I GRABBED MY BAG from the trunk of my car, took a deep breath, and headed for the door. I was new to home healthcare, and Mrs. M was one of many patients assigned to my caseload. I was going to assess her and draw lab specimens, and felt a little nervous about meeting her for the first time.
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Mrs. M, along with her housekeeper Ms. D, was waiting for me. Mrs. M was the picture of the stereotypical grandmother-a petite, white-haired, 80-year-old woman who was fully alert and oriented. I wanted to provide her the best care I could.
Mrs. M took my hand, looked me in the eye, introduced herself, and welcomed me into her home. Widowed with no children, she'd moved to town about 20 years ago to retire. She'd been diagnosed with lymphoma less than 18 months earlier and her prognosis was poor. But what drew me to her was her liveliness. Instead of focusing on her condition, she immediately began asking me questions about my life. She was genuinely interested, and I had a difficult time redirecting the conversation to the reason for my visit.
I'd scheduled Mrs. M as one of my first visits of the day because she lived so close to the office, but I quickly learned that wasn't going to work. Having tea or coffee with her visitors was very important to her. It was her way of welcoming you to her home and showing friendship. If I quickly completed the visit and left, she was insulted. So I changed her appointment time to the end of the day so I'd have enough time for a proper visit. I'd call her when I was on my way, and she'd have coffee and cookies ready by the time I arrived.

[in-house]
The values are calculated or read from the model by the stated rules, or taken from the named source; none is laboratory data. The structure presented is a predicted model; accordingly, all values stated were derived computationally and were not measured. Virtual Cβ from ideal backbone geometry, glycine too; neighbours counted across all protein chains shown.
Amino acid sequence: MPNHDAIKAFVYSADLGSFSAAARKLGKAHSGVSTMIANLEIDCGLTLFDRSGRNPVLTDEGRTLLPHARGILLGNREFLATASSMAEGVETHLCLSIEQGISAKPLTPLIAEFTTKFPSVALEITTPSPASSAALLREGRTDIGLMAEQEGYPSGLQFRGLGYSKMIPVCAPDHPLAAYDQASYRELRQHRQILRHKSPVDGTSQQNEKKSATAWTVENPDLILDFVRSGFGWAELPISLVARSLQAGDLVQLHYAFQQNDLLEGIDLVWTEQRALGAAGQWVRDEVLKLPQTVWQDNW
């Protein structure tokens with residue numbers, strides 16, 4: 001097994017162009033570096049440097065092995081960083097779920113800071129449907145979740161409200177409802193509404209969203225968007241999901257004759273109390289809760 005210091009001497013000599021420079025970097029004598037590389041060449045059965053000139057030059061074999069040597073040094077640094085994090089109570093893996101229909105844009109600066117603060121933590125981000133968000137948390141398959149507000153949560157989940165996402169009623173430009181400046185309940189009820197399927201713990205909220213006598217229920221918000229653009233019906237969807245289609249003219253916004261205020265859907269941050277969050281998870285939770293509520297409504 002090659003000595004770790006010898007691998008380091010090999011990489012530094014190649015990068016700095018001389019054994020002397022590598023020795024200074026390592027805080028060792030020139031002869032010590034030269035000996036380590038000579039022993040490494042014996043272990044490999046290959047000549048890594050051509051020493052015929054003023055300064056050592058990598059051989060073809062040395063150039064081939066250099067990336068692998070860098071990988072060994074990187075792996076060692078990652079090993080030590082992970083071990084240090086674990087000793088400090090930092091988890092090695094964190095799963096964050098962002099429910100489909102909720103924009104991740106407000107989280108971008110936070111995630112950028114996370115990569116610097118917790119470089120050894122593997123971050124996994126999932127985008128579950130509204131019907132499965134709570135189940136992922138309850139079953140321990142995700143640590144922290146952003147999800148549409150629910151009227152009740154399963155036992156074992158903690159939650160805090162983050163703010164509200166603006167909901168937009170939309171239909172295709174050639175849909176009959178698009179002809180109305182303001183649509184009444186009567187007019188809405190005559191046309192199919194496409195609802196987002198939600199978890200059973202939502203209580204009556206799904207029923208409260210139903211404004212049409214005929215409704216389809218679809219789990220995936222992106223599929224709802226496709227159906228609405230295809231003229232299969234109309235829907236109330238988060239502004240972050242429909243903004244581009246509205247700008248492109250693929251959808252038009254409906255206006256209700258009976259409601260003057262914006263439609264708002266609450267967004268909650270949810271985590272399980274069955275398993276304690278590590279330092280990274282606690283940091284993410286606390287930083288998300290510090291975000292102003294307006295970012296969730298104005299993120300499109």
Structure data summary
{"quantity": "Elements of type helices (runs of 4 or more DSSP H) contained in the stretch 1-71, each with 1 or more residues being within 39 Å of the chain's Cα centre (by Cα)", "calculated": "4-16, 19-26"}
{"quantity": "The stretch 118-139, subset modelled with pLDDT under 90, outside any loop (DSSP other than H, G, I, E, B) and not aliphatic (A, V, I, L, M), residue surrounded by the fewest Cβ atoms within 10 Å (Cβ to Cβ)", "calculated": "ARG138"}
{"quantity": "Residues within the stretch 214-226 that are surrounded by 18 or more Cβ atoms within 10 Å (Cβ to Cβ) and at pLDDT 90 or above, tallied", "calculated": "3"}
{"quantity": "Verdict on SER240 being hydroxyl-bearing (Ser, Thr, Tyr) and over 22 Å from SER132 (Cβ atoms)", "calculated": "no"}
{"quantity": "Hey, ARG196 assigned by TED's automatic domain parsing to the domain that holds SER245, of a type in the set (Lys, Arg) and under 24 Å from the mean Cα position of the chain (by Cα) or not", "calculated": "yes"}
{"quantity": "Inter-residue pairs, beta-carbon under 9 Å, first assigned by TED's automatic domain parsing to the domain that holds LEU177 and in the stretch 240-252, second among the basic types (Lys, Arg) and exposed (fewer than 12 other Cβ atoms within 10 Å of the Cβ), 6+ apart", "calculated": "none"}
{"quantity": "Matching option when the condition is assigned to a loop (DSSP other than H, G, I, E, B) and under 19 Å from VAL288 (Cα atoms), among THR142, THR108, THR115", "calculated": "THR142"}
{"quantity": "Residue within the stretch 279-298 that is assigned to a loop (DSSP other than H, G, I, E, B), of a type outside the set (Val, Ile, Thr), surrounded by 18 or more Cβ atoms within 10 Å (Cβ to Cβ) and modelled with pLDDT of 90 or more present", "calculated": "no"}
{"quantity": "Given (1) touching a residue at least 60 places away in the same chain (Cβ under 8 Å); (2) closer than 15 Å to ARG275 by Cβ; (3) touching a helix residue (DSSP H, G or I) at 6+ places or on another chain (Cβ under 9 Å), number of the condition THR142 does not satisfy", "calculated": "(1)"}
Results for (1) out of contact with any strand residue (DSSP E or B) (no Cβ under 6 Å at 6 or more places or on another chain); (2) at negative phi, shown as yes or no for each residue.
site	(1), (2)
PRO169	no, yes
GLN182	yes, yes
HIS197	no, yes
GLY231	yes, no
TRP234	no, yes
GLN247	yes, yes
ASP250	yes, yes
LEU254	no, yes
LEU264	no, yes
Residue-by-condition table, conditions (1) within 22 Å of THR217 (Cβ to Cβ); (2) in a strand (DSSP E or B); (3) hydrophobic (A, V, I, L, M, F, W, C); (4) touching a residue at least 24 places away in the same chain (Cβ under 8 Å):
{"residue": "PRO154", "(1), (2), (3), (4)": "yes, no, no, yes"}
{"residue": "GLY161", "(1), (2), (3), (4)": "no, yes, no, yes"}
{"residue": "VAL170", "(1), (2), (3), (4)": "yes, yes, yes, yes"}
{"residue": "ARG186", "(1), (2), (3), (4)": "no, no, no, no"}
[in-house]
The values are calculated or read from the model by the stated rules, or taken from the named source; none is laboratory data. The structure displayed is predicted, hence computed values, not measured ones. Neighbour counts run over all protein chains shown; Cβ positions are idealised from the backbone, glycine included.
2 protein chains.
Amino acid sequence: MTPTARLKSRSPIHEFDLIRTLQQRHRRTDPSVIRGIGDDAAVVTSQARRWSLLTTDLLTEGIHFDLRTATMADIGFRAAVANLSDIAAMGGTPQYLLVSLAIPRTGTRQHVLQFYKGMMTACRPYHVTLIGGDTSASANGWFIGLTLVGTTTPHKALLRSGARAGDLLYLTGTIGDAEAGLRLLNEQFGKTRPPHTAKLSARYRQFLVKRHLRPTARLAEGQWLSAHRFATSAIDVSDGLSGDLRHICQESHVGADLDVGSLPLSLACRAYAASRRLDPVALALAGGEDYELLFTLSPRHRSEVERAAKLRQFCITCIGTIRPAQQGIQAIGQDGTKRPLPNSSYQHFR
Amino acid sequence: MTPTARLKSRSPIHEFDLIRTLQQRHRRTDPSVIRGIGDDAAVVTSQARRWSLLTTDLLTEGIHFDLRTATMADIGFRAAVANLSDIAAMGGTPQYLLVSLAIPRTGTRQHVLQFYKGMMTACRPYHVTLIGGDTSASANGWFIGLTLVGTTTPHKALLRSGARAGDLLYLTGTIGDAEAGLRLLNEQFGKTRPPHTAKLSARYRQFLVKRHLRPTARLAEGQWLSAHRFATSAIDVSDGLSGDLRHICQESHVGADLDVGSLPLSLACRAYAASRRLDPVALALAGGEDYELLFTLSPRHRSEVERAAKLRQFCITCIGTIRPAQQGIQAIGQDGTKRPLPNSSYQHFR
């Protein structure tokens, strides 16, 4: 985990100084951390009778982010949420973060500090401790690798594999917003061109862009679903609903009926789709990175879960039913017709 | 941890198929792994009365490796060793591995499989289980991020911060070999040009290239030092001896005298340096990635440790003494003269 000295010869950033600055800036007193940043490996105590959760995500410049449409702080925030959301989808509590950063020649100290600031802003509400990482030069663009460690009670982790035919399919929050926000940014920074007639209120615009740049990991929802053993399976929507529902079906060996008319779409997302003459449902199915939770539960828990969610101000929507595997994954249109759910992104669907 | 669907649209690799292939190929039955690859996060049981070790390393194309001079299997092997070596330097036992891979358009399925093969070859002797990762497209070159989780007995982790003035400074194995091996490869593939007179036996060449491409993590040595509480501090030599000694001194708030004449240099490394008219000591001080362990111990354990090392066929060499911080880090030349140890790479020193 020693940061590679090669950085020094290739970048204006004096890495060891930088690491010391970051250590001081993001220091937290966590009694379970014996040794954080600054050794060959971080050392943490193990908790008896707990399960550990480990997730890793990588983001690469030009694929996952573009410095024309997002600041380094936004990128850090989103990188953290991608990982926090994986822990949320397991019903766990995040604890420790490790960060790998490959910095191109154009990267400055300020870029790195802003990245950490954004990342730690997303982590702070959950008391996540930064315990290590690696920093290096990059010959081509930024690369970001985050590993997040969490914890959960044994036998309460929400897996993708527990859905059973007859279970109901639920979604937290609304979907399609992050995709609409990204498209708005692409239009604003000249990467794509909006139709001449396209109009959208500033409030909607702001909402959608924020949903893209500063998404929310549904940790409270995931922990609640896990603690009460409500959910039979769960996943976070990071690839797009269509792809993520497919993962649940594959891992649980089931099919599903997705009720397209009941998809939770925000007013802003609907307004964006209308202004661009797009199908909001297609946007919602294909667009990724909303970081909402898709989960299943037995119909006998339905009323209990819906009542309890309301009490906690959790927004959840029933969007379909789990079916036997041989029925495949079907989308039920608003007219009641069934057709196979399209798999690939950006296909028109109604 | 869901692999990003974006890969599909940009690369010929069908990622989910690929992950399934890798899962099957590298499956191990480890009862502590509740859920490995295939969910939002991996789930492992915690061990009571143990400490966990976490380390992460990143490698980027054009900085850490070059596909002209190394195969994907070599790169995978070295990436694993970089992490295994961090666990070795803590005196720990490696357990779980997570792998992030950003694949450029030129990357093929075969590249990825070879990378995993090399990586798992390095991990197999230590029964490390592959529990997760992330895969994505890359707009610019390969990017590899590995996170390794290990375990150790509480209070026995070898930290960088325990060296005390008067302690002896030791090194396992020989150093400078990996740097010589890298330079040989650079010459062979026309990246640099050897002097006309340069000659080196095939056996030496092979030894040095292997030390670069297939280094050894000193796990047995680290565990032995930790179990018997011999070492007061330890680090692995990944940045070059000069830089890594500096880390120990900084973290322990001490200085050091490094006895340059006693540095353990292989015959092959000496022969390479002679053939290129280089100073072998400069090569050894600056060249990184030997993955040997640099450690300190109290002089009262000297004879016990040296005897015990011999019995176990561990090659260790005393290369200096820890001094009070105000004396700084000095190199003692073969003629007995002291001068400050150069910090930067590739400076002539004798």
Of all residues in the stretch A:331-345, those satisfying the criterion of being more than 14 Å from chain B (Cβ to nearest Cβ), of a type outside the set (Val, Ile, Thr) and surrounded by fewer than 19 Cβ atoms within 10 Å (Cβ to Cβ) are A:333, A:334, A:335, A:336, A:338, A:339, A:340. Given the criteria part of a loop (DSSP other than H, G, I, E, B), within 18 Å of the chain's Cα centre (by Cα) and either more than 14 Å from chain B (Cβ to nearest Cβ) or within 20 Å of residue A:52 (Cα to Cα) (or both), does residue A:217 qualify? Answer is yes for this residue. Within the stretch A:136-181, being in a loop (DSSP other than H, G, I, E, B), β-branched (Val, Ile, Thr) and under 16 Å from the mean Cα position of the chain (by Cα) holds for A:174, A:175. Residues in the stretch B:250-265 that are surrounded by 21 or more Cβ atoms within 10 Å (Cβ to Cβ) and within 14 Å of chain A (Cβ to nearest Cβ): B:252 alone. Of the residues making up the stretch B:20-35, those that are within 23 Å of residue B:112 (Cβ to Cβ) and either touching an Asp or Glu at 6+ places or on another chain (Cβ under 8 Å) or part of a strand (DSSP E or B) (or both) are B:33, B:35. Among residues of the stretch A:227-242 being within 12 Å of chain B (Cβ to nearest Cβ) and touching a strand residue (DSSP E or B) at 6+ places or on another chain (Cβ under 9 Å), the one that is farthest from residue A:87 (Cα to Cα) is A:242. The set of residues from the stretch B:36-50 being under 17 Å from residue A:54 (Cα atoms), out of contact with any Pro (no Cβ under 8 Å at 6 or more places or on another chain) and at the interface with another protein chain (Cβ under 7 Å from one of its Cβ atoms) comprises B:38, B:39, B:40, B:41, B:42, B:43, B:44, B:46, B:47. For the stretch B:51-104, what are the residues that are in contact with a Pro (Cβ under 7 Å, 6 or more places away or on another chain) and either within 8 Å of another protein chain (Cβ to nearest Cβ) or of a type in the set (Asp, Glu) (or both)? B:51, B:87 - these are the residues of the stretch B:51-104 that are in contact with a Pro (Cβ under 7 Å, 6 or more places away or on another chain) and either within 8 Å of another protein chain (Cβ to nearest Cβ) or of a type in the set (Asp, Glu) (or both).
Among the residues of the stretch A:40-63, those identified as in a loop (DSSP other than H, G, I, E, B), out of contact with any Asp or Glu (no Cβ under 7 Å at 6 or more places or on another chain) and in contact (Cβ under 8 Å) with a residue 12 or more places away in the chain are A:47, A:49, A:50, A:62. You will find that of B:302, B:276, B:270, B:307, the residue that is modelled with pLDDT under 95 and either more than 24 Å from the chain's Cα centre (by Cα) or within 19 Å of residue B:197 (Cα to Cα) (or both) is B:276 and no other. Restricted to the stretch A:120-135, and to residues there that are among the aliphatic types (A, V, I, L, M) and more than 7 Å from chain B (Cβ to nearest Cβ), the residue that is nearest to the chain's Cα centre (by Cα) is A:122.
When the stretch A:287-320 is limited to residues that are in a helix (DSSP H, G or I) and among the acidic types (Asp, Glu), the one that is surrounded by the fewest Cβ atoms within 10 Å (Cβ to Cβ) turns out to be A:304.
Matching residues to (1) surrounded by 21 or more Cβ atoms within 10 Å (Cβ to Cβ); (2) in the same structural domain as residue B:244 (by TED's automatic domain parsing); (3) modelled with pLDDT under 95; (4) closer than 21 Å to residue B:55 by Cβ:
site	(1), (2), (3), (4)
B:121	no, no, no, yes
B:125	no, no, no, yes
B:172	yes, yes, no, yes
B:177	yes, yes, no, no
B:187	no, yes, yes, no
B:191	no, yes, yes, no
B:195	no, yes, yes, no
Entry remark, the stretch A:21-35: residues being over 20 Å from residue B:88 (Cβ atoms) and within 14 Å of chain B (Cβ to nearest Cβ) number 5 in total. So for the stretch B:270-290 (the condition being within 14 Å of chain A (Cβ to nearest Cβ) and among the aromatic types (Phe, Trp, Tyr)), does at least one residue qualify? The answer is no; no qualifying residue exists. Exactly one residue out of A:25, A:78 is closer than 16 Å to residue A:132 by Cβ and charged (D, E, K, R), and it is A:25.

Mrs. M and I developed a bond over the months that followed. For a while I had a hard time believing her prognosis because she was so full of life. She loved to laugh and tell stories about her days as one of the only female investment bankers in New York and how she met her husband.
It didn't take me long to learn not to admire anything in her home because if I did, Mrs. M would try to give it to me. Its value didn't matter. What mattered to her was making her friends happy.
One day, I began to see a decline in Mrs. M's condition. Suddenly she wasn't as energetic and talkative as she used to be, but she always smiled when I was there and continued to ask me about my life and family. I think it created a diversion that helped her forget about her pain for a short time.
I tried to talk about hospice with her, but she'd hear nothing of it. "They can't do anything for me in hospice that you can't do," she'd say.
Little things matter
Not long after that, I learned Mrs. M had been admitted to the hospital. I made plans to visit her but was stopped short by a call from Ms. D., who told me that she'd died that morning. As I sat there choking back the tears, Ms. D told me how much my visits had meant to them. "You always made time for Mrs. M," she said, "and that was so important to her."
Thirteen years later, I still think about Mrs. M from time to time, and laugh when I recall her spunk and charm. But most of all, I think about how she taught me that sometimes it's the little things in life that matter most, like taking the time to listen to a patient's stories and share your own over a cup of coffee and some cookies.